The dominant strategy discourse projects strategy as rational and calculable. However, leading academics conclude that strategy is “elusive” and “complex”. The purpose of…
The dominant strategy discourse projects strategy as rational and calculable. However, leading academics conclude that strategy is “elusive” and “complex”. The purpose of this paper is to unravel strategy's elusiveness and unpack its complexity through empirical hermeneutic investigation.
Strauss' grounded theory is used to investigate leisure and cultural managers' understanding of strategy‐making. Data were collected through multiple interviews with senior managers of a local authority, and the organisation's strategy documents were examined. The grounded theory's transferability to organisations in, and outside, public leisure and culture was provisionally tested.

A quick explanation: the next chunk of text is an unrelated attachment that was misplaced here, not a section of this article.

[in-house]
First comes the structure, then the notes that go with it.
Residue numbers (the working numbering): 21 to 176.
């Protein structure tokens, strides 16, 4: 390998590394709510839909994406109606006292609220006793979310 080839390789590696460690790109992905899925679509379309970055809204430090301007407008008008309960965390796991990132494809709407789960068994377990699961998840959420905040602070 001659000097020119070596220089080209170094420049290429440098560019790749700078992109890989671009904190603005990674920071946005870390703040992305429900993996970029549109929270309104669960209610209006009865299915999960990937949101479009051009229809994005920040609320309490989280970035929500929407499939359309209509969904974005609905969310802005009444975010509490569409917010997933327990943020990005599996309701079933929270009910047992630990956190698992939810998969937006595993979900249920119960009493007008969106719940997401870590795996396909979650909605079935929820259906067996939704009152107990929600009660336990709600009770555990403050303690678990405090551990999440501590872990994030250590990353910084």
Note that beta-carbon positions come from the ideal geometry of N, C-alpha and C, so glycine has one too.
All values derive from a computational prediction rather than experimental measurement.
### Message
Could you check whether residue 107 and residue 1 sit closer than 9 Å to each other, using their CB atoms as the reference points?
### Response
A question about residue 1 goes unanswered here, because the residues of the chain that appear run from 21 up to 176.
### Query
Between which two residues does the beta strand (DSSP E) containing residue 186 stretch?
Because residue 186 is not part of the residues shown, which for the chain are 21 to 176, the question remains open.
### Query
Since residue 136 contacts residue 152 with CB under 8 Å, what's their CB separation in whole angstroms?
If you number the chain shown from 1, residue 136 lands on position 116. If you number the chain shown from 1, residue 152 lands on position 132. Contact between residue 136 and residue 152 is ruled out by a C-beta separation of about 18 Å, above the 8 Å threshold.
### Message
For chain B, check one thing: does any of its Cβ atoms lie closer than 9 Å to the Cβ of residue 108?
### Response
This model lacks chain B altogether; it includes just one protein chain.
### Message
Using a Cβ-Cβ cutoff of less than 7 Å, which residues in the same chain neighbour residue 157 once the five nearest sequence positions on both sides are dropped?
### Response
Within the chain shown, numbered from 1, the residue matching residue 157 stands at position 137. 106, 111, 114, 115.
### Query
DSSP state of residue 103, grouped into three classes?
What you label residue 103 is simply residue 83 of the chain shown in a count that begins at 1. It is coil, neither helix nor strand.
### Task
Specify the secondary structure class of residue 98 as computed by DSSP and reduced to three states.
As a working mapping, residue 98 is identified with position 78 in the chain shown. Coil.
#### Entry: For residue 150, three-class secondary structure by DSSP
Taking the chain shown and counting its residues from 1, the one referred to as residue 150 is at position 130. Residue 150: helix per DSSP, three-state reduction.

It was found that in making strategy, managers engage in purposeful, complex processes, here termed “navigational translation” which have mutually impacting relationships with organisational resources, the environment and managers' character, explaining its complexity and elusiveness. The provisional testing of navigational translation's transferability suggests that it has scope beyond public sector leisure and cultural strategy.
As this research focused on theory generation, a main limitation is its small‐scale testing of navigational translation's transferability. Future research could test transferability with more organisations in leisure, culture and other fields.
This explanation provides a robust understanding of strategy that could improve practice. It empowers managers so that they are no longer subjugated to unrealisable expectations that rationalistic strategy tools will work in a complex world.
Navigational translation offers a richer, practitioner‐oriented understanding of strategy, which utilises leading academic explanations from the various, competing and divergent strategy schools into a pragmatic, multiparadigmatic framework.